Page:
Marking its 16th year in publication, the IRI Fact Book continues to be a reliable, trusted source for information regarding the insured retirement industry. Building on the redesign and renaming that commenced with the 10th edition in 2011, we strive to improve content each year, while keeping the focus on practical information that can help financial professionals better understand and serve their clients, including through the exploration and analysis of retirement topics beyond annuities. Readers will find practice management tips and information, the latest consumer and advisor research regarding retirement planning, current retirement market statistics, and much more. As IRI continues to grow to serve the diverse needs of the people and organizations that we are proud to represent, this publication will also evolve as a resource for the entire insured retirement industry and the consumers that invest in our strategies.
Even seasoned advisors can experience a lack of confidence, especially when a prospective client rejects them, but new advisors are particularly susceptible. Retirement Matters founder Dave Grant offers suggestions for boosting self-assurance.
Wendy Connick offers practical tips for balancing a retirement budget as Americans remain at risk of running out of money. Savers might be able to avoid a funding crisis if they can preserve even a little seed money in their retirement account, Connick writes.
Having the right people addressing the right tasks is one way to ensure your practice is ready for consistent high performance, write Krista Sheets and Sarah Dale of Performance Insights in Atlanta. They lay out a checklist of behaviors and attributes to help you determine where your team stands.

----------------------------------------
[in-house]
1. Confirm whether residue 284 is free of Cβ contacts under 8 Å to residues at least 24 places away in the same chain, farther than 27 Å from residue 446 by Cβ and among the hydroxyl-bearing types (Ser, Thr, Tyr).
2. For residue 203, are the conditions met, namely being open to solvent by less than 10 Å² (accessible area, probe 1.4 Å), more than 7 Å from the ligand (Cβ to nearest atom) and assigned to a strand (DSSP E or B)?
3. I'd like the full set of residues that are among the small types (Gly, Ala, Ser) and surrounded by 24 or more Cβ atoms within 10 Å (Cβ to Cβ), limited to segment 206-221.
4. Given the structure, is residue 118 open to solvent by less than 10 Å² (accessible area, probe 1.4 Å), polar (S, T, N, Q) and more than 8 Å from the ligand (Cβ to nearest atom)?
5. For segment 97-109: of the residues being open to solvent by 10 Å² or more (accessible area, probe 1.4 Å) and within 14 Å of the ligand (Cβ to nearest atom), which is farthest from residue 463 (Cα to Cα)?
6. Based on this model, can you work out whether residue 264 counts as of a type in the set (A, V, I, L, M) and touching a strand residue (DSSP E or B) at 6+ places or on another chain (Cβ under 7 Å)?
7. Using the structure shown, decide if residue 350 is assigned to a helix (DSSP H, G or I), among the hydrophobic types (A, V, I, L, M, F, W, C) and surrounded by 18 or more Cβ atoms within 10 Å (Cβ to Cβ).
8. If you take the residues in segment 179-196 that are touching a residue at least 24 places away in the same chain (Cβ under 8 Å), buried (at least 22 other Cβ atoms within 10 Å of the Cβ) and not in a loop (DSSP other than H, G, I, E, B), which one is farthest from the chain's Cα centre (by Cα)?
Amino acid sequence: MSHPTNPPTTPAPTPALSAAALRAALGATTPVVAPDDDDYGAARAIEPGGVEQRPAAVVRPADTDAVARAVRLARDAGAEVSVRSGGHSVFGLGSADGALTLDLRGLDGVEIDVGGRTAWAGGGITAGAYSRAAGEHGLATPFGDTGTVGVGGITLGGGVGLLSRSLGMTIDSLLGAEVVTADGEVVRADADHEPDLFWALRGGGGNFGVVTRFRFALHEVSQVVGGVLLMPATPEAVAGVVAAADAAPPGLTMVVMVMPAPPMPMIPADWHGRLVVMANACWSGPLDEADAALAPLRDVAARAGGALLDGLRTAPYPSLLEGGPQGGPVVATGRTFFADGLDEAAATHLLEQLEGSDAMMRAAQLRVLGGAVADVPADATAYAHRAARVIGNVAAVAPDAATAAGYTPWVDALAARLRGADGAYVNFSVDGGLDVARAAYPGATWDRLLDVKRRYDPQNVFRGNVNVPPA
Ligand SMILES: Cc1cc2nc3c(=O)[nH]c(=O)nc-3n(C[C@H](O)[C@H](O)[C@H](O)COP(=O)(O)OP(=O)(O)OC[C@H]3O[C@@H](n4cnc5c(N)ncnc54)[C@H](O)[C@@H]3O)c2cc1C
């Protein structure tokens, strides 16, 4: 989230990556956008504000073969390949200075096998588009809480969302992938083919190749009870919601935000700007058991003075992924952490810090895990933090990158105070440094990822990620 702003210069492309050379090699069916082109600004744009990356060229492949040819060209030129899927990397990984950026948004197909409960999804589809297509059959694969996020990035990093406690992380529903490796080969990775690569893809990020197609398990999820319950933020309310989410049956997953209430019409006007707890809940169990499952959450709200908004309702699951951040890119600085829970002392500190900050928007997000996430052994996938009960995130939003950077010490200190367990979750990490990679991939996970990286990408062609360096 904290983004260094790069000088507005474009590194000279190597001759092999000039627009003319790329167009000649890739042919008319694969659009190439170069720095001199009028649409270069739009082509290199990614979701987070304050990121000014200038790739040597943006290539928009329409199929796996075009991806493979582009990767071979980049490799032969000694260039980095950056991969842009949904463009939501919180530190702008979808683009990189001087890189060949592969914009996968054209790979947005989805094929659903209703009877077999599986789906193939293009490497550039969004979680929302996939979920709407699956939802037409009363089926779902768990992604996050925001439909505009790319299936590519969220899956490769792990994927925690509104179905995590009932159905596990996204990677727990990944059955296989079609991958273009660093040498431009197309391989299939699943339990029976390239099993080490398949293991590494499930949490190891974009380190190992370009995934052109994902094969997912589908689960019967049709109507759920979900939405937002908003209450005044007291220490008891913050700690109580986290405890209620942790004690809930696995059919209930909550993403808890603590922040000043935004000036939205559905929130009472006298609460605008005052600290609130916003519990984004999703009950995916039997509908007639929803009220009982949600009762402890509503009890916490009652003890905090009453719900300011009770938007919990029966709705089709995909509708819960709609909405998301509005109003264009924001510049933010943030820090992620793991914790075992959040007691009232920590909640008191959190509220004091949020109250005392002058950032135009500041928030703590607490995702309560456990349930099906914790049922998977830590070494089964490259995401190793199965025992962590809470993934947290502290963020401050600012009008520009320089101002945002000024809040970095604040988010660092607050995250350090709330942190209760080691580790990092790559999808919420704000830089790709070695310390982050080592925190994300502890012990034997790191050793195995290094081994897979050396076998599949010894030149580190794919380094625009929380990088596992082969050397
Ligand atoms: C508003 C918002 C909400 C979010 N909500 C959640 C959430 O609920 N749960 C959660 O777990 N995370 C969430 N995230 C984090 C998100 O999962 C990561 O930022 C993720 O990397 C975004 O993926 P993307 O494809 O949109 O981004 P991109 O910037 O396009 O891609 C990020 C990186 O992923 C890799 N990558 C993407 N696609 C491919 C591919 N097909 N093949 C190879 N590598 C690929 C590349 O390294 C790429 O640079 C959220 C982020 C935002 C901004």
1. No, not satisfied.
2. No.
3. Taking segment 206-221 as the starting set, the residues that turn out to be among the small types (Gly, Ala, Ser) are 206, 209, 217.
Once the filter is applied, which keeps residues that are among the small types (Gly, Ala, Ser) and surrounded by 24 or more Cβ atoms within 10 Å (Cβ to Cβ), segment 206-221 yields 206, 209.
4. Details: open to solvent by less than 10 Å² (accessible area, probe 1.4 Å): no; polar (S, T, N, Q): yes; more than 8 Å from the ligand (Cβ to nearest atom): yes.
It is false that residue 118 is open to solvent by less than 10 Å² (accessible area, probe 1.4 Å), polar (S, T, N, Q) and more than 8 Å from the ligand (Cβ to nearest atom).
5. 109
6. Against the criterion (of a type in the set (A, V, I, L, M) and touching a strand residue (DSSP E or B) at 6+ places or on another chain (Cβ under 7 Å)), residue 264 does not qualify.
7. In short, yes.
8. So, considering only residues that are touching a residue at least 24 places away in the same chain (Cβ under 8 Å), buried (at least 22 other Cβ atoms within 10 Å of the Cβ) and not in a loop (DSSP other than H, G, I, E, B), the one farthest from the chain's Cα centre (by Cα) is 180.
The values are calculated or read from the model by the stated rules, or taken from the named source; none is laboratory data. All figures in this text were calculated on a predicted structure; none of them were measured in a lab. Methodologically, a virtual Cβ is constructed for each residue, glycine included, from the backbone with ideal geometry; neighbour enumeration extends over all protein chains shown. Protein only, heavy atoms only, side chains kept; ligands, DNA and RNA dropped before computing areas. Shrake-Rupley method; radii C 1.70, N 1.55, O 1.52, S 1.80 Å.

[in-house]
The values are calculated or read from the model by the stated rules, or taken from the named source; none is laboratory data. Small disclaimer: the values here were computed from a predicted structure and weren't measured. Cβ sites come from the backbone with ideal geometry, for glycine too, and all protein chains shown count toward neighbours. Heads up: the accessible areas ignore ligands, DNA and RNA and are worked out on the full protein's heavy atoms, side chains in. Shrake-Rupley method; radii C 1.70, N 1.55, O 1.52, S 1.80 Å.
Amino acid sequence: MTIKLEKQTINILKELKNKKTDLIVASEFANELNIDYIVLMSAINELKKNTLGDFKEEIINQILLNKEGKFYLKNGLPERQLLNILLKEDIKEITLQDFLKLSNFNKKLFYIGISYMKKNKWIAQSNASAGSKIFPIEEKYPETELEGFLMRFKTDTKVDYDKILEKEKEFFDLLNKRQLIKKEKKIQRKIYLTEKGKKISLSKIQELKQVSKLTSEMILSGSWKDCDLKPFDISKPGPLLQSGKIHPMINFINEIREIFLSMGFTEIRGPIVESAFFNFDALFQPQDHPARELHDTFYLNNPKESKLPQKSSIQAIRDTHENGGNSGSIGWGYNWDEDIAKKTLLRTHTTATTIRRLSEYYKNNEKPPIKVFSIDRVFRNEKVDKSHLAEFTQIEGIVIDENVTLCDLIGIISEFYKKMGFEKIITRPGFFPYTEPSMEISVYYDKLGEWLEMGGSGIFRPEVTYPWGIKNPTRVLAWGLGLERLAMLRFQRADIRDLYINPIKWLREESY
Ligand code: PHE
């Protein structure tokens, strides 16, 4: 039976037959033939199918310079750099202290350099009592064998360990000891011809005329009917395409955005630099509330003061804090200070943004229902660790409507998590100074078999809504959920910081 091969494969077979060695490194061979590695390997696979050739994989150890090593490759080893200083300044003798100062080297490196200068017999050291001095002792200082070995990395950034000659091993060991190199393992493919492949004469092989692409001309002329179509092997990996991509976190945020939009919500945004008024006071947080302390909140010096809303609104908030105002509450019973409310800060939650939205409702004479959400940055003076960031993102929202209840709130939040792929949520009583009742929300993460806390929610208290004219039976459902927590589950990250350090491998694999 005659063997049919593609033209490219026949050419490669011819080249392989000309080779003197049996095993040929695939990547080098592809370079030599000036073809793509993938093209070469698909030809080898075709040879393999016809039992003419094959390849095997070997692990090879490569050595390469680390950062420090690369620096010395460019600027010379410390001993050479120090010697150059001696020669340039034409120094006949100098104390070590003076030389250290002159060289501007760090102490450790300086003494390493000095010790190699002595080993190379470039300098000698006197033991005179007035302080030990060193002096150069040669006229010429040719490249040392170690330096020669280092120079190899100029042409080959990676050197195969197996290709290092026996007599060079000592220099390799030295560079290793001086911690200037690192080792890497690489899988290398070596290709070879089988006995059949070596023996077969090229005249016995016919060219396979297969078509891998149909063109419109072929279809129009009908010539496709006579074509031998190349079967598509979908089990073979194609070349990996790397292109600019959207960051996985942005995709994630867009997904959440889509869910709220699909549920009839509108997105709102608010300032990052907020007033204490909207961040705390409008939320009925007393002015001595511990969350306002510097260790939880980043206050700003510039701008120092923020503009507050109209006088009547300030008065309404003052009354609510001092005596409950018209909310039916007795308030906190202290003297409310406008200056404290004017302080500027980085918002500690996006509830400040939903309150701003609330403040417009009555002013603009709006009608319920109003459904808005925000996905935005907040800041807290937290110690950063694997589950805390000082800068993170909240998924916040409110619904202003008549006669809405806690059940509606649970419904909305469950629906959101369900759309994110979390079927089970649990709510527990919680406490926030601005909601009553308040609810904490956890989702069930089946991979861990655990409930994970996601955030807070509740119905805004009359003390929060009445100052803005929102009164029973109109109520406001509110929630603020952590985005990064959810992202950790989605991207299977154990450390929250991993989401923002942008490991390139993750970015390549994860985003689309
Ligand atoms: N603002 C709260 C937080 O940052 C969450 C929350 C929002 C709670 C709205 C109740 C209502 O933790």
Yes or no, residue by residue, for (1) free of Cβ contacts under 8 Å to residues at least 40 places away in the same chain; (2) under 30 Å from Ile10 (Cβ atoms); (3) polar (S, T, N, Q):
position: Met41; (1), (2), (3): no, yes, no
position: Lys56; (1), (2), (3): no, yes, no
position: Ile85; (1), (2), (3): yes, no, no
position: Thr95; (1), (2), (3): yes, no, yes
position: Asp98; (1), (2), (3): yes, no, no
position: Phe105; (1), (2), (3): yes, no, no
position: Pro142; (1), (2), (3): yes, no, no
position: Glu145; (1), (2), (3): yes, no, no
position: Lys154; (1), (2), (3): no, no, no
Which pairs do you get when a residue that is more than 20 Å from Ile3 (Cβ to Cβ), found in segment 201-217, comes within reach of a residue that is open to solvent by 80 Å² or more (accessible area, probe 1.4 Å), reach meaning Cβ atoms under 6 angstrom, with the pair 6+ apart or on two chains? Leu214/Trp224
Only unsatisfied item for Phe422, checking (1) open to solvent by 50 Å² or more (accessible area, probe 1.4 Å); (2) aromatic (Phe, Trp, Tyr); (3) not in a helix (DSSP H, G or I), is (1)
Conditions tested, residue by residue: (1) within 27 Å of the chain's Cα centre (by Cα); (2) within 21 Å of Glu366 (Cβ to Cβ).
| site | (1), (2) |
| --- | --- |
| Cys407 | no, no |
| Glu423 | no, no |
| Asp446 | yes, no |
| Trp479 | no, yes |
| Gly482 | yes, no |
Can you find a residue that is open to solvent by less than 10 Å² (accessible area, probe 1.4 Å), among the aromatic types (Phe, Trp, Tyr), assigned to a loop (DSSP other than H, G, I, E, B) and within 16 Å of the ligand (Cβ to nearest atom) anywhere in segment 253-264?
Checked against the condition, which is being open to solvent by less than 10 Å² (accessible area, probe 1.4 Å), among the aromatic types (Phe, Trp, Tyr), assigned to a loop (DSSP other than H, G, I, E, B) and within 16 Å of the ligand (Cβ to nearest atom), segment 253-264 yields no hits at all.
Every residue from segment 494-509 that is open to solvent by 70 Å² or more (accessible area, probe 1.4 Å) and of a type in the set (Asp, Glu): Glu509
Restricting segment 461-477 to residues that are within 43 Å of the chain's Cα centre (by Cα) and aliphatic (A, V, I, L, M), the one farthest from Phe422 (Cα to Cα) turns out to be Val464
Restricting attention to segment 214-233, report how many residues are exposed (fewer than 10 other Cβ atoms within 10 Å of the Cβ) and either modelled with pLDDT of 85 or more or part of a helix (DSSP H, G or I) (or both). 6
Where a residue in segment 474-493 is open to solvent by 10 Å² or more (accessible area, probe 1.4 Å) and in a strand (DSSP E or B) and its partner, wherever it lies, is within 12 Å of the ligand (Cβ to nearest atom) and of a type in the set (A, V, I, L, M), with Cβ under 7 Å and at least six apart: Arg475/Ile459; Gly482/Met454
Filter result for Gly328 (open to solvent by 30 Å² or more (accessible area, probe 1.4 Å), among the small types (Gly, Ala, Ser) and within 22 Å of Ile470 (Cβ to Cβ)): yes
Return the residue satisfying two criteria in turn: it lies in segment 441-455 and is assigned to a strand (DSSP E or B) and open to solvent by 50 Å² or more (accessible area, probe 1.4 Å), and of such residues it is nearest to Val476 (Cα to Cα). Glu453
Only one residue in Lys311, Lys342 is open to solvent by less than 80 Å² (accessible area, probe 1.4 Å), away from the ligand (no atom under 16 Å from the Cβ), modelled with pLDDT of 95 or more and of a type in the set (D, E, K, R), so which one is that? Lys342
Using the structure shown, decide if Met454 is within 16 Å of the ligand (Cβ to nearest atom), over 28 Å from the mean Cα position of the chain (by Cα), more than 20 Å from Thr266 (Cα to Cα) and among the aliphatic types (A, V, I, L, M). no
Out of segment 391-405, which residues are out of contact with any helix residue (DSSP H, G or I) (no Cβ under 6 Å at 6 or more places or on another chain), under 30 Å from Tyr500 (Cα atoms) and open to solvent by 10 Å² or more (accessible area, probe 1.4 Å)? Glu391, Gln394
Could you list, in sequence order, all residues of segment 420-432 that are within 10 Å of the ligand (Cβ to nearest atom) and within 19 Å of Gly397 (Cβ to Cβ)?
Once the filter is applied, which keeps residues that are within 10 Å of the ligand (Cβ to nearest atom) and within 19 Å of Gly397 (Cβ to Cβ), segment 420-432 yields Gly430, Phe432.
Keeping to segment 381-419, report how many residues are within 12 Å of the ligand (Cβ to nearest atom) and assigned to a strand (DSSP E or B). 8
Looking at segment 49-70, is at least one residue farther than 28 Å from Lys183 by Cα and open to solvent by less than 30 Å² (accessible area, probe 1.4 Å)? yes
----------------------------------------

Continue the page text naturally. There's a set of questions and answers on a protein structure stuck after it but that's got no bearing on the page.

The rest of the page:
The Texas Legislature has passed a bill to protect seniors and people who are disabled from financial abuse by letting banks and securities firms temporarily hold irregular or suspicious transactions. The legislation, which awaits the governor's signature, means "we are one step closer to better protecting seniors from predators while ensuring financial-services professionals do not inadvertently violate privacy laws," FSI President and CEO Dale Brown says.
Military personnel and veterans make excellent clients because they tend to be disciplined toward saving and because many have well-paid civilian jobs and extensive portfolios, veteran and certified financial planner Curt Sheldon says. However, advisors should tailor services to military members because their needs differ from those of other clients, Sheldon says.
Reports of misconduct by financial firms have led 70% of Americans to doubt the trustworthiness of financial professionals, a survey from Personal Capital found. Among the 54% of people in the US who don't get help from financial professionals, 45% said they're motivated by a lack of trust, the survey found.
The financial-services industry is targeted more than any other by cyberattackers, and the recent wave of attacks may be the wake-up call the industry needs to upgrade its efforts against them, cybersecurity expert Stacey Robinson writes. Small- and medium-size firms are especially vulnerable, Robinson notes, but a recent survey found that a significant number of brokers fail to apply vital security patches to deter invasions.
When you're running your own business, you must make your financial future a priority, writes Alan Auteri of Ameriprise Financial. The trick is to make saving a habit, writes Auteri, who outlines the most popular retirement-savings options for entrepreneurs.
Blackstone Group LP launched its first nontraded real estate investment trust in January, and by April, it had raised $755 million, almost half of the funds raised by the entire industry so far this year, says Robert A. Stanger & Co., an investment bank that specializes in nontraded REITs. "Blackstone burst out of the gate. They became number one in the space in short order," said Kevin Gannon, a managing director at Stanger.
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